Penarth Dock, South Wales - 150 years - the heritage and legacy  
Penarth Dock, South Wales - the heritage & legacy . . .

Volume Eight - Pre-Victorian to the present day - more aspects - Pamir and Passat - the end of an era . . .

Pamir and Passat moored in Penarth Dock
'Pamir' and 'Passat' (nearest) moored up at the northern importation quay of the Penarth Dock in late 1949 or early 1950. The stern of the 'Passat' is close-by the lockgates which lead in the foreground to the basin. [286]
House flag, F. Laiesz & Co. - Hamburg
The house flag of F. Laiesz & Co. of Hamburg, the emblem under which the Pamir and Passat first sailed. [123]

Cardiff Nautical Academy - 1911"One of the many small 'seamen crammers', this card and calendar for the year 1911 was produced by Cardiff Nautical Academy, an establishment long closed and long forgotten." [287]

Phil Carradice describes the circumstances surrounding the formation of the Pamir Passat Foundation in his book "Training ships - An Illustrated History" [287]

"The Pamir Passat Foundation was founded in the early 1950's, to train apprentice cadets on board two fully-rigged sailing ships, the Pamir and Passat. The vessels were intended for scrapping after the Second World War but were bought by a West German ship owner who intended them to run commercially. The enterprise proved uneconomical and the ships were acquired by the foundation. Moored in Penarth Dock, South Wales, they were duly converted into training and trading ships. Tragedy, however, was soon to follow.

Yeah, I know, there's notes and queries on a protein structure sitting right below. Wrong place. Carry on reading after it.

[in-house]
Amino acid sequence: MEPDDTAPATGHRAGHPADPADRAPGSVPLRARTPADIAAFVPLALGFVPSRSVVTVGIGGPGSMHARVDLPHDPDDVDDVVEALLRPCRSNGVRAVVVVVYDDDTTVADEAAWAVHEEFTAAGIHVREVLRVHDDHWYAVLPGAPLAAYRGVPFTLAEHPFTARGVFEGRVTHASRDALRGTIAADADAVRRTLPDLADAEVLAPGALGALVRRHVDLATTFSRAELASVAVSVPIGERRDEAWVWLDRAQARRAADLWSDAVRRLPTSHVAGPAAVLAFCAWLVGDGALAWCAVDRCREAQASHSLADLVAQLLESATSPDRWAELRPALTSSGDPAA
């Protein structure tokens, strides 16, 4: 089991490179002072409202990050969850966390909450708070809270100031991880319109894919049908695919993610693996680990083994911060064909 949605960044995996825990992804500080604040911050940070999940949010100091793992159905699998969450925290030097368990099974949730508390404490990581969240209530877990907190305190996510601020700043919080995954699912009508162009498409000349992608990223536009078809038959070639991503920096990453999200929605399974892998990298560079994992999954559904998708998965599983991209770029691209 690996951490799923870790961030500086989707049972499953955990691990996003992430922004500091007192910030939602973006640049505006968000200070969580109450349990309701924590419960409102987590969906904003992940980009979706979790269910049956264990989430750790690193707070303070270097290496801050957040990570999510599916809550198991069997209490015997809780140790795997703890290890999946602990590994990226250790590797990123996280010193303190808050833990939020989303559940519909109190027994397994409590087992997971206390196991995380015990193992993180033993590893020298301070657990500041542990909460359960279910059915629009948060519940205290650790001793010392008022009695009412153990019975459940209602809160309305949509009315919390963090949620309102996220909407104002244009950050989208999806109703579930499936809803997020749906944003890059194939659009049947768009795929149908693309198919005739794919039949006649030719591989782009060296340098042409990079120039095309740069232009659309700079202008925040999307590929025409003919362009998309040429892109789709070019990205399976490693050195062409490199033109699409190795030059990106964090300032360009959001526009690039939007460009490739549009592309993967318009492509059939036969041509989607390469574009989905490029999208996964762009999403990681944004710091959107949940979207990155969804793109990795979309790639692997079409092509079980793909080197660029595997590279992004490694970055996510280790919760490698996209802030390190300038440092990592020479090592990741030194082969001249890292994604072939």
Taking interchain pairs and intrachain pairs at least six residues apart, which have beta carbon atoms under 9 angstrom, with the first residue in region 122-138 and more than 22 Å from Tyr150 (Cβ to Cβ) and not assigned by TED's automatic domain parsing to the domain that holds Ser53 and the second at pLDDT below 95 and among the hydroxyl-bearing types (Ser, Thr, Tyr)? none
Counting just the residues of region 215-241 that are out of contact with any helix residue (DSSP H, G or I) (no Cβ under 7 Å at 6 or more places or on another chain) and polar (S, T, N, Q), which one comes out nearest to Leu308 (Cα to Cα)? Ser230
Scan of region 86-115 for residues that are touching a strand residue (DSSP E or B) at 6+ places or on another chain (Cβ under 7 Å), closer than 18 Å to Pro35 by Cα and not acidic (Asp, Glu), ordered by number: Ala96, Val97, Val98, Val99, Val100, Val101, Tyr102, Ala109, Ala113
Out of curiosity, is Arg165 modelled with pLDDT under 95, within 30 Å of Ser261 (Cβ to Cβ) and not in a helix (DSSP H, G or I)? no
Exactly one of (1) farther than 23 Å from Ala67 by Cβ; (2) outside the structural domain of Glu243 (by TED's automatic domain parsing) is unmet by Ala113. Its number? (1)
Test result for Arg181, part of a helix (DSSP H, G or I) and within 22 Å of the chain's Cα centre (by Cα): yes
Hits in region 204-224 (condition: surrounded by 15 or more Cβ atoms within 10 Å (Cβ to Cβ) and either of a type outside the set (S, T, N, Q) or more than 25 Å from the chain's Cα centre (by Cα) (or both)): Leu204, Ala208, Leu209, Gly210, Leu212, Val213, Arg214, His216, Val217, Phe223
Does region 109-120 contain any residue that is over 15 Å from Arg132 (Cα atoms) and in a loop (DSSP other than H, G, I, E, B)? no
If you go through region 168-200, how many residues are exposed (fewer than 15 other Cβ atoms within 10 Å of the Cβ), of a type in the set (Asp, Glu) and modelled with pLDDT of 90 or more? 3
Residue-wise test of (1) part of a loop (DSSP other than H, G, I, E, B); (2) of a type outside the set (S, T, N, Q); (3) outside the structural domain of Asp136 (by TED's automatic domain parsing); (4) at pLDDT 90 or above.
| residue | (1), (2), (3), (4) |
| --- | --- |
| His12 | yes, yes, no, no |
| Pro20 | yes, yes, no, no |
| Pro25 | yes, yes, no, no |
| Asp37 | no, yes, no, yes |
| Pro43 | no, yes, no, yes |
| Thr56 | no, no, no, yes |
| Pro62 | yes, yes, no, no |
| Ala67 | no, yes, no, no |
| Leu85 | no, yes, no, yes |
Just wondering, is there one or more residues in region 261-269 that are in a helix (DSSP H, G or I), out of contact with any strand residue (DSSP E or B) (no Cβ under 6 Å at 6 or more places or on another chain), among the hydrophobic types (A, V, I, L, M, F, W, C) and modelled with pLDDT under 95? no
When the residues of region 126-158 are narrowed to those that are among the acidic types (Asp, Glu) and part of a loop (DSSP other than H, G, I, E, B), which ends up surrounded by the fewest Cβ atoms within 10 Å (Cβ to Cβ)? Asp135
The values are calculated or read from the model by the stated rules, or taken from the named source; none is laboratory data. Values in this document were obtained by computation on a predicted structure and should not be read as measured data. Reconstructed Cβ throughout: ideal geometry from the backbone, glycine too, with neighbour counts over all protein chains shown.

In August 1957, the Pamir was lost in a hurricane in the Atlantic, over eighty officers, crew and young trainees losing their lives as the ship simply keeled over and disappeared into the depths of an unforgiving ocean. The Passat also ran into difficulties that year, her cargo shifting in heavy weather and the ship having to be towed into Lisbon with a severe list to port. The training of cadets on sea-going training ships was promptly suspended and, apart from the outward-bound vessels, has never really made a comeback.

From this point on, however, any new training establishments that were created - such as the J. A. Gibbs Home in Penarth and the Prince of Wales Sea Training School in Limehouse - were land-based, albeit equipped with rowing boats and sailing craft to give practical experience at sea or, at least, on the rivers and estuaries where the schools were based. Despite this they was all, most decidedly, rooted to the land. The value of training was not yet in doubt, just the means of delivering it, and incarcerating boys on old hulks, with all the drawbacks such a process involved, was clearly a thing of the past."

The J. A. Gibbs Home referred too above was based at the former Taff Vale Railway 'Penarth Hotel' on the headland. Major Gibbs D.S.O. of the Welsh Regiment, was killed in action during September 1917. The following year his wife bought the property which had just come up for sale by the TVR Co., and converted it for use as a home for boys, around 150 of them! It was presented to the Trustees of the National Children’s Home as a memorial to her late husband. The proximity of the docks of Cardiff and Penarth obviously had great influence and gave the home a purpose to train the boys for a maritime future. The implecation of Mr Carradice's article is that this home continued to train boys for the sea even after the loss of the Pamir in 1957.

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